Digital Analytics 101: Guide to Baseline Google Analytics Web Tracking
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If you own or work for a business entity, regardless of size, there is a strong chance that you have a public facing website that receives daily traffic. One of the easiest things you can do in the realm of digital web analytics is set up web tracking on your site with Google Analytics. With a standard implementation, you can unlock reports that answer basic web analytics questions such as “How many users come to my site each day?” and “What is the demographic breakdown of my site traffic?” The following tutorial will walk you through Google Analytics 101: the basic steps of how to implement Google Analytics on your web property for free.
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Step 1: How to Set Up a Google Analytics Account
I am going to assume that you already have an active Google Account. If you have a Gmail Account, that’s the same as a Google Account. If you do not have an active Google Account, follow the steps in this form to get one set up. Once you have a Google Account set up, visit the Google Analytics (GA) home page to get started. Walk through the sign-up process keeping these terms in mind:
- Google Analytics User Account: This will be the same as your Google (or Gmail) account name and password.
- Google Analytics Account: This will be the top-level folder for storing data for your company or personal business. It’s best practice to name your account after your company. For example, Company XYZ would name their Google Account “Company XYZ.” Your account name can be changed at any time, so don’t stress about naming it perfectly.
- Google Analytics Property: Within each account, you are allowed to have up to 50 properties. You can think of a property as a database for all of your web activity. In most cases, organizations will only need one property that contains all of their website data; in some cases, an organization might need more for a mobile app or a completely separate web experience. Any name you pick for your property can be changed at a later date, however, best practice examples include “Company XYZ Web Properties” or “Company XYZ Mobile App.”
Below is a screenshot of what your final set up should look like:
Step 2: How To Set Up Google Analytics Tracking on Your Website
Step 2 requires setting up the code on your website that will send data back to your GA account to provide accurate web analytics.. This step will involve coordination with your website development team or someone that has access to the admin section of your content management system (CMS). The first thing you want to do is visit your property settings to get your tracking code. This can be found by clicking the gear icon in the bottom left of the GA interface and then clicking Tracking Info > Tracking Code under the Property Settings. Below is a visual to help guide you through this process.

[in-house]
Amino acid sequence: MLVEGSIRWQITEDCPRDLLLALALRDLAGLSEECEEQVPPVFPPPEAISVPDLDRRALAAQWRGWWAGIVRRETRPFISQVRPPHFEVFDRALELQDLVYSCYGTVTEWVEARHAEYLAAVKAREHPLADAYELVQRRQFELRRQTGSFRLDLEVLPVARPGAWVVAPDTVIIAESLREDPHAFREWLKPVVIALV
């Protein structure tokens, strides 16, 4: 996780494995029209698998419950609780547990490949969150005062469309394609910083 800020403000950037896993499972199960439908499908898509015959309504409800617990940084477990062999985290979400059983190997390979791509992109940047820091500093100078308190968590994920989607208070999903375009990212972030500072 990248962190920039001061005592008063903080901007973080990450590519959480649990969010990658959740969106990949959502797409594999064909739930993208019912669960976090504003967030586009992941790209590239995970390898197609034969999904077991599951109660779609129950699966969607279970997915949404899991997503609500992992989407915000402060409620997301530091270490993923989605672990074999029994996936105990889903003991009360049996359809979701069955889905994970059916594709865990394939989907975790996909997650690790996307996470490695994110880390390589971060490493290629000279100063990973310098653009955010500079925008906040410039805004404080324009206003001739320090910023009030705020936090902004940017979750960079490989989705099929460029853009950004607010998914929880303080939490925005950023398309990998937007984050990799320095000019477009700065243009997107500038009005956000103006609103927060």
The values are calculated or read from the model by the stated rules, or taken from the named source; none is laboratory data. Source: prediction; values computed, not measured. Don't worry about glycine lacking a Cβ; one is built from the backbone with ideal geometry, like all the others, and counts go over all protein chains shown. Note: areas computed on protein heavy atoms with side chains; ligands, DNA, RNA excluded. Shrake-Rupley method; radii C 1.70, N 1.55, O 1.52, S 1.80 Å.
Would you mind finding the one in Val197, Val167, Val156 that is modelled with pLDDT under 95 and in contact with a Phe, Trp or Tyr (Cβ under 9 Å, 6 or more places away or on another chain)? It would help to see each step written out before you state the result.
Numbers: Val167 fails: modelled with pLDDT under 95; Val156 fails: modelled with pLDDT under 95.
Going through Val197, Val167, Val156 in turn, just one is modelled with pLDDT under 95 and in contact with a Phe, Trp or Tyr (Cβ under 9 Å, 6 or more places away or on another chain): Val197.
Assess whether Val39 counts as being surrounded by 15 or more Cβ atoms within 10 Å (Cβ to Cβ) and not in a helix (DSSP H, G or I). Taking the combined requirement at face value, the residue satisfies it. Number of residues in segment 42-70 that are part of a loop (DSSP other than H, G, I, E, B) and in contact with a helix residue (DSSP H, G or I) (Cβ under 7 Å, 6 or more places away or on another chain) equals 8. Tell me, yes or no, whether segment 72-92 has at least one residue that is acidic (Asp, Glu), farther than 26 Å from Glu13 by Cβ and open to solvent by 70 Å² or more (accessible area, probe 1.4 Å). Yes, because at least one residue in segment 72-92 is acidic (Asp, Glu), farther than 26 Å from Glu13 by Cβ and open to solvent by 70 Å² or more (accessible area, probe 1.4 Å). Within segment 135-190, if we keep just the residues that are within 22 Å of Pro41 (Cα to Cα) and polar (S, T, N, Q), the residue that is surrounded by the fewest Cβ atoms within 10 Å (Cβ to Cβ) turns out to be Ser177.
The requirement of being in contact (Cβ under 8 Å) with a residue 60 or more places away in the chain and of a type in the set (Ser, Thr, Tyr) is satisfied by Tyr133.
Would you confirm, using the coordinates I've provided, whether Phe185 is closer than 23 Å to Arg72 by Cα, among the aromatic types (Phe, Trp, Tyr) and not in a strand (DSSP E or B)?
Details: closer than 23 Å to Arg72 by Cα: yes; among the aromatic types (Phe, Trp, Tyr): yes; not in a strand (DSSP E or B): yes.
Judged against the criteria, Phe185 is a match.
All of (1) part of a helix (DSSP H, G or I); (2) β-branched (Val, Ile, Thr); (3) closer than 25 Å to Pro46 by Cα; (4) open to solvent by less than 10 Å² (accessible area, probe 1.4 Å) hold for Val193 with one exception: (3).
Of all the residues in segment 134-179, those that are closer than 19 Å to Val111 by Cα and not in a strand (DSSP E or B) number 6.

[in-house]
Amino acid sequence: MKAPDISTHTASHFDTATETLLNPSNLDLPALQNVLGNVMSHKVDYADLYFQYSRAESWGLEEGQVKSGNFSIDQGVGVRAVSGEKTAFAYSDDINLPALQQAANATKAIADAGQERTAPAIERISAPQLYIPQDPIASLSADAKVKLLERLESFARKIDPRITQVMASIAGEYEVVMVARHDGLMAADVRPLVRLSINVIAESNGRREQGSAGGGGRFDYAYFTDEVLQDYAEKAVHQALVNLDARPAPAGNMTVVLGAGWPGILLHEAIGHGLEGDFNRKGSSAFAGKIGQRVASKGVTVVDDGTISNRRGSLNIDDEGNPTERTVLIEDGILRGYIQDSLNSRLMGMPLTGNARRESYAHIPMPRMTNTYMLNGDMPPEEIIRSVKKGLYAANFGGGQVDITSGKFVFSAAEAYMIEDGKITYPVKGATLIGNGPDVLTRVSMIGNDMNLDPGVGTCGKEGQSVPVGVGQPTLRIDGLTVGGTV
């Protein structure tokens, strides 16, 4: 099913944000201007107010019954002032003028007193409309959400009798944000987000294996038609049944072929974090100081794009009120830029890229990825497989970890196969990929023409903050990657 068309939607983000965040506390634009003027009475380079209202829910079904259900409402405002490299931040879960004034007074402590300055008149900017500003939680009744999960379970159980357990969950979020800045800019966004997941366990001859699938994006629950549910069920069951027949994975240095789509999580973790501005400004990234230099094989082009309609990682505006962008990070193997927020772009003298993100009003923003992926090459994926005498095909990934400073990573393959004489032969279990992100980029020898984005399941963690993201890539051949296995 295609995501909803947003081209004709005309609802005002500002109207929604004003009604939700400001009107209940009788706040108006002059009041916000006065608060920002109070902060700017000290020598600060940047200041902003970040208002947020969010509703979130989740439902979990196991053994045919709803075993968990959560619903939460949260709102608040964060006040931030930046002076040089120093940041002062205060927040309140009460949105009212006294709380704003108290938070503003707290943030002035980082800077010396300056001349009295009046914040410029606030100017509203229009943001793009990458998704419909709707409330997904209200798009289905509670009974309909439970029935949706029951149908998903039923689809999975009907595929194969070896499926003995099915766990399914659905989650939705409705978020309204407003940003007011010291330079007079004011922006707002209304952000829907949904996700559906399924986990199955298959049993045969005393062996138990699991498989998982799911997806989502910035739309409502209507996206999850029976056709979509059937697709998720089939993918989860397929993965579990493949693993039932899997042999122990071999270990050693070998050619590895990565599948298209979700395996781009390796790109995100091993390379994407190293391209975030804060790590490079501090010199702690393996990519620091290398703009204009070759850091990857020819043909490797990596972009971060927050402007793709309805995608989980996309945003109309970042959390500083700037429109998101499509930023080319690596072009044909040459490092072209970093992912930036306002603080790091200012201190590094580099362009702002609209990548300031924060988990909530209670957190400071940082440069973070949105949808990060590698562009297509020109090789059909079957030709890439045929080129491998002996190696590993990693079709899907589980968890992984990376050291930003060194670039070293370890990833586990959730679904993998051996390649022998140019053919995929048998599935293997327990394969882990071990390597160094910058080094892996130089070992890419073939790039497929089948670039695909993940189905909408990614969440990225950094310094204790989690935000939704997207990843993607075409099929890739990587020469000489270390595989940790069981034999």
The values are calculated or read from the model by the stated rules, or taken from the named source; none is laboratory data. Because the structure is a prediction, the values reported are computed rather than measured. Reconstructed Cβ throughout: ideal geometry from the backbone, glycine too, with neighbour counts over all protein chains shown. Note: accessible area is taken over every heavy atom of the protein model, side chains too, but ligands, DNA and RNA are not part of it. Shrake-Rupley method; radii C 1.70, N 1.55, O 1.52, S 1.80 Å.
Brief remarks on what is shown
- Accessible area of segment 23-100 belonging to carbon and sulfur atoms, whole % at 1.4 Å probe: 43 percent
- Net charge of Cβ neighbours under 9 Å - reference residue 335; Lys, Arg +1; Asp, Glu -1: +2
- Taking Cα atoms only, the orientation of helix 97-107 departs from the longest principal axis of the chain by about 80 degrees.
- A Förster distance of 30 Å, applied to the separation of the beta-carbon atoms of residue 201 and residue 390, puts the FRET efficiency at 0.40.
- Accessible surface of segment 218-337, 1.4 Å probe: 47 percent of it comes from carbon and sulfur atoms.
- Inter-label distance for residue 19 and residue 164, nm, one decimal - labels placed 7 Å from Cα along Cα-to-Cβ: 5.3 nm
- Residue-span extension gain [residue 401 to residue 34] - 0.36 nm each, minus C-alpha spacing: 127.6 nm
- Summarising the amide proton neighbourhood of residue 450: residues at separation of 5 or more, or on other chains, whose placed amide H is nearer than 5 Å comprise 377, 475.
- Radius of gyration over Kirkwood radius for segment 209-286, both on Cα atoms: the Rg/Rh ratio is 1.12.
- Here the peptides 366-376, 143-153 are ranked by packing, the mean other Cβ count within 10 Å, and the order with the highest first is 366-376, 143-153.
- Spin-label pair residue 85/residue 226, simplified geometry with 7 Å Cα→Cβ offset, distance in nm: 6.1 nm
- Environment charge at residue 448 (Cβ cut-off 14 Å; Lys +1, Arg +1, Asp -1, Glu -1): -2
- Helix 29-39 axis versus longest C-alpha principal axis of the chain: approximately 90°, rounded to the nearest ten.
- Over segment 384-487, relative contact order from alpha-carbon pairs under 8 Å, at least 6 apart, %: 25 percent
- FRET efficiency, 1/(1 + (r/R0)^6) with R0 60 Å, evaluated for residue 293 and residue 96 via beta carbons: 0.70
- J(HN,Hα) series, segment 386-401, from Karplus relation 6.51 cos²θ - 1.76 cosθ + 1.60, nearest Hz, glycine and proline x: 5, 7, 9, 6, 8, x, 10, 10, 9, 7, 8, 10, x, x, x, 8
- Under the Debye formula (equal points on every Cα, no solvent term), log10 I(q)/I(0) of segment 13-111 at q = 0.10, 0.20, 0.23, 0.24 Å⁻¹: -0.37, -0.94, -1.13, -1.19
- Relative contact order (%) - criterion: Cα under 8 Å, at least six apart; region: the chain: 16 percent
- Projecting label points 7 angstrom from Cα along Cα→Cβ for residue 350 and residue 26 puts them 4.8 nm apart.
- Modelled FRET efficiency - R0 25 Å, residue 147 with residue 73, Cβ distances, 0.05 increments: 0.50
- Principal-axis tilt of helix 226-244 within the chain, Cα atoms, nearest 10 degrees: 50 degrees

You will want to copy and paste everything in the Global Site Tag (gtag.js) code box and send it to your developer including the instructions. In some cases, however, your developer or CMS admin might only need your Tracking ID, which can be found in the top of this menu, e.g., mine is UA-120788447-1. If you use a tool like Squarespace, then you only need the Tracking ID (also known as UA code). For more information on Google Tag Manager, you can click on Learn how to get started with Google Tag Manager.
Step 3: How To QA Implementation and Start Analyzing
Once you have handed off the necessary code and instructions to your developer and they have pushed it live to your public-facing website, ensure the data is being properly captured. You can visit the Real-Time reporting section of GA and load your site in another tab or browser to see if your hits are making their way back to GA. The screenshot below shows where to find the Real-Time reporting interface — mine says 0, but yours should say 1 or more (depending on how many people are on your site at that particular time). If you do not see any active users on site, try trouble-shooting with your developer to make sure everything was setup properly.
If you see data flowing through, then congratulations — you’ve done it! You have successfully implemented standard GA web analytics tracking on your website. For a deeper dive on how you can fine tune your GA account and make it align closer to your business objectives sign up for Drexel LeBow’s Digital Marketing Certificate.
Patrick Strickler Lead Data Analyst - CompassRed
Passionate about data storytelling and a bonafide Google Analytics wiz, Patrick is the Lead Data Analyst at CompassRed where he helps his team make intelligent, data-driven decisions for their clients. He has experience working on projects across industries, from finance to food service; if you have a specific question about your data, Patrick has likely seen it before. Outside the office, he is active in the Philly Tableau User Group and DAA chapter.
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